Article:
US Senate Majority Leader Chuck Schumer faced off against Republican rival Joe Pinion Sunday night in the sole debate between the candidates before election day.
Pinion spent much of the time blaming the Democratic powerbroker for inflation, immigration, opioid deaths and the Russian invasion of Ukraine.
“You bring home the bacon sure – but many people’s bellies are empty,” Pinion, 39, said.
Pinion was asked about political violence following an attack by an alleged rightwing extremist on Paul Pelosi, husband of House Speaker Nancy Pelosi.
“It is Chuck Schumer whose divisive rhetoric has led to the environment that we see today,” he claimed.
But Schumer held his ground in the hour-long debate moderated by Errol Louis and Susan Arbetter of Spectrum News at Union College in Schenectady.
“He was a pundit. We’re hearing a lot of punditry, a lot of pointing fingers, a lot of verbiage, but no real solutions. Not only have I proposed real solutions, I’ve passed them,” Schumer said of the former Newsmax host.
“I have been more productive as a senator and as majority leader than just about anybody else,” Schumer said at one point while highlighting legislative wins like a blockbuster bill driving microchip production to places like upstate New York.
Schumer also touted the passage of the so-called Inflation Reduction Act that aims to decrease US emissions by 40% by 2030.
“I believe that we need to start taxing the pollution that occurs from beyond our borders,” Pinion said while redirecting his ire from Schumer to the Chinese government, which he also criticized for a lack of transparency at the beginning of the COVID-19 pandemic.
Senate Democrats are hoping to hold their thin majority in the 50-50 chamber in what experts say could be a tough midterm election cycle for their party, which is also playing defense in the U.S. House.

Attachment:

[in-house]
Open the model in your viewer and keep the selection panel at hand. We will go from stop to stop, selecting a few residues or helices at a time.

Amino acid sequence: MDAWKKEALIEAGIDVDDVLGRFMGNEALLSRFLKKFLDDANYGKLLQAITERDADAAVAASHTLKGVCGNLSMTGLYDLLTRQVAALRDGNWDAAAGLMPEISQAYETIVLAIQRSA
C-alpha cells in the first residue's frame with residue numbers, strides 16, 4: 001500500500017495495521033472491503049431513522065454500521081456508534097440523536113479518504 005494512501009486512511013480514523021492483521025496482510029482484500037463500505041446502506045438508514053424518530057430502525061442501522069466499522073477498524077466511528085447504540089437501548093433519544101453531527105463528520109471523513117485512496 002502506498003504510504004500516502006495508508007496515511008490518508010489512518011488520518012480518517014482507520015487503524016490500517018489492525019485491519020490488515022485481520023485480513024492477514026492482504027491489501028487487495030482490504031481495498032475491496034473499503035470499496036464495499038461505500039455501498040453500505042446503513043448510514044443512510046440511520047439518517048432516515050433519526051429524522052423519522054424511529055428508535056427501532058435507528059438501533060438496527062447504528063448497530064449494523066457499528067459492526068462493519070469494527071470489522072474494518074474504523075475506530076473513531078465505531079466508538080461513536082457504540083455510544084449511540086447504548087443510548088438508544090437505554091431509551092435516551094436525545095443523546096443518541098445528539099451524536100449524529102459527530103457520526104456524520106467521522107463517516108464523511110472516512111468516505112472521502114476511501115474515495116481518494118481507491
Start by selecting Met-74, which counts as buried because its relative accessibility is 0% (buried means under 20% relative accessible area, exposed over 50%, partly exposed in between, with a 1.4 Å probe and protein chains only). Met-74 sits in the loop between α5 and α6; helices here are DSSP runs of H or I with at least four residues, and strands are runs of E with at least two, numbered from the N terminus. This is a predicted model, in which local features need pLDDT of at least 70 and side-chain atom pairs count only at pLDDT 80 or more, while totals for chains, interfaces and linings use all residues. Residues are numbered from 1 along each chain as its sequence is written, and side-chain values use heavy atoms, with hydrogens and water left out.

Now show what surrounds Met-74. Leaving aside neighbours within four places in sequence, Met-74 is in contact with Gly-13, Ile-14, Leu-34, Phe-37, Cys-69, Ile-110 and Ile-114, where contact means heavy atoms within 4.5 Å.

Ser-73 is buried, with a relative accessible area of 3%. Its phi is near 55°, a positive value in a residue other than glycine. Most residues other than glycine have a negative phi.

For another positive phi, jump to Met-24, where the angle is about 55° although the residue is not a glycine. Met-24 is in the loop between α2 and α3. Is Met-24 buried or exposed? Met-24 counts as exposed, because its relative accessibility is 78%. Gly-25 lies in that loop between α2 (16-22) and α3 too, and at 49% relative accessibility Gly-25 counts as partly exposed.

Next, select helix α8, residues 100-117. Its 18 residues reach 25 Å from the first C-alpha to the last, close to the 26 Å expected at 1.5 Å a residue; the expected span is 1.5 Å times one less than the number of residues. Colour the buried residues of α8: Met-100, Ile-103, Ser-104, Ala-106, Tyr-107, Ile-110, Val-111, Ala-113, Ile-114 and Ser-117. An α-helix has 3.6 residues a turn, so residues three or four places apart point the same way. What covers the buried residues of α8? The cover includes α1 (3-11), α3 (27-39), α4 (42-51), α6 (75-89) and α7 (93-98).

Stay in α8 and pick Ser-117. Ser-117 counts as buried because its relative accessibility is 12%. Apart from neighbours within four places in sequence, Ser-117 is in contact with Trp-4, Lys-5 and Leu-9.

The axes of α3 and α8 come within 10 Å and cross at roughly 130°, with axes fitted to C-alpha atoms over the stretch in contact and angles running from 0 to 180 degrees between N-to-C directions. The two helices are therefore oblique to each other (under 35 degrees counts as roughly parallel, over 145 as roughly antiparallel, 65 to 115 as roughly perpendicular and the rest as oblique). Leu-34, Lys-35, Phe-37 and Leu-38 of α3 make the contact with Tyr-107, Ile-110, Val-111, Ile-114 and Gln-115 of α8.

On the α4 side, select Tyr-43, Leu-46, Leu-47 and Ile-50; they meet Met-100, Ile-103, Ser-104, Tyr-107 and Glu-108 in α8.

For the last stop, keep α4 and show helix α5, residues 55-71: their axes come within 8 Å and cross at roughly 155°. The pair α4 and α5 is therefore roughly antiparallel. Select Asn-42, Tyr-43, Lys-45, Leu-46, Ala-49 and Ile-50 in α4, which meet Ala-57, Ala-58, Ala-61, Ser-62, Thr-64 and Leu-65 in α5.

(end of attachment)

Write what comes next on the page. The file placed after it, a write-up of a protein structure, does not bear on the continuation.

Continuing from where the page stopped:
Polls show Schumer ahead by double digits against Pinion, who has received backing from some police unions, though the margin has appeared to narrow in recent weeks.
Pinion complained about the electric bills that his mother received.
“Seniors like my mother are terrified of the mailman because they think the electric bill is going to give them a heart attack. This is not a legacy of success, from my perspective, it is a legacy of failure,” Pinion said of Schumer.
Pinion, a Yonkers native, said he opposed making COVID vaccines mandatory for school kids while Schumer said he would lean on the advice of experts.
The Senate kingpin, however, was put on the defensive on some issues, with no clear answers on whether he personally supports adding members to the US Supreme Court or requiring parents to be notified in some circumstances when their child seeks an abortion.
Schumer, like Pinion, played the blame game on stage by saying Congressional Republicans were the reason why illegal immigration remained a problem at the US border due to their opposition to legislative action on that issue and others in recent years.
But Pinion at one point noted that the Brooklyn Democrat ought to blame himself before criticizing ex-President Donald Trump considering the campaign cash Schumer had received from the real estate mogul before he ran for president.
“There’s only one person on this stage who’s received $80,000 from the Trump family,” Pinion said.
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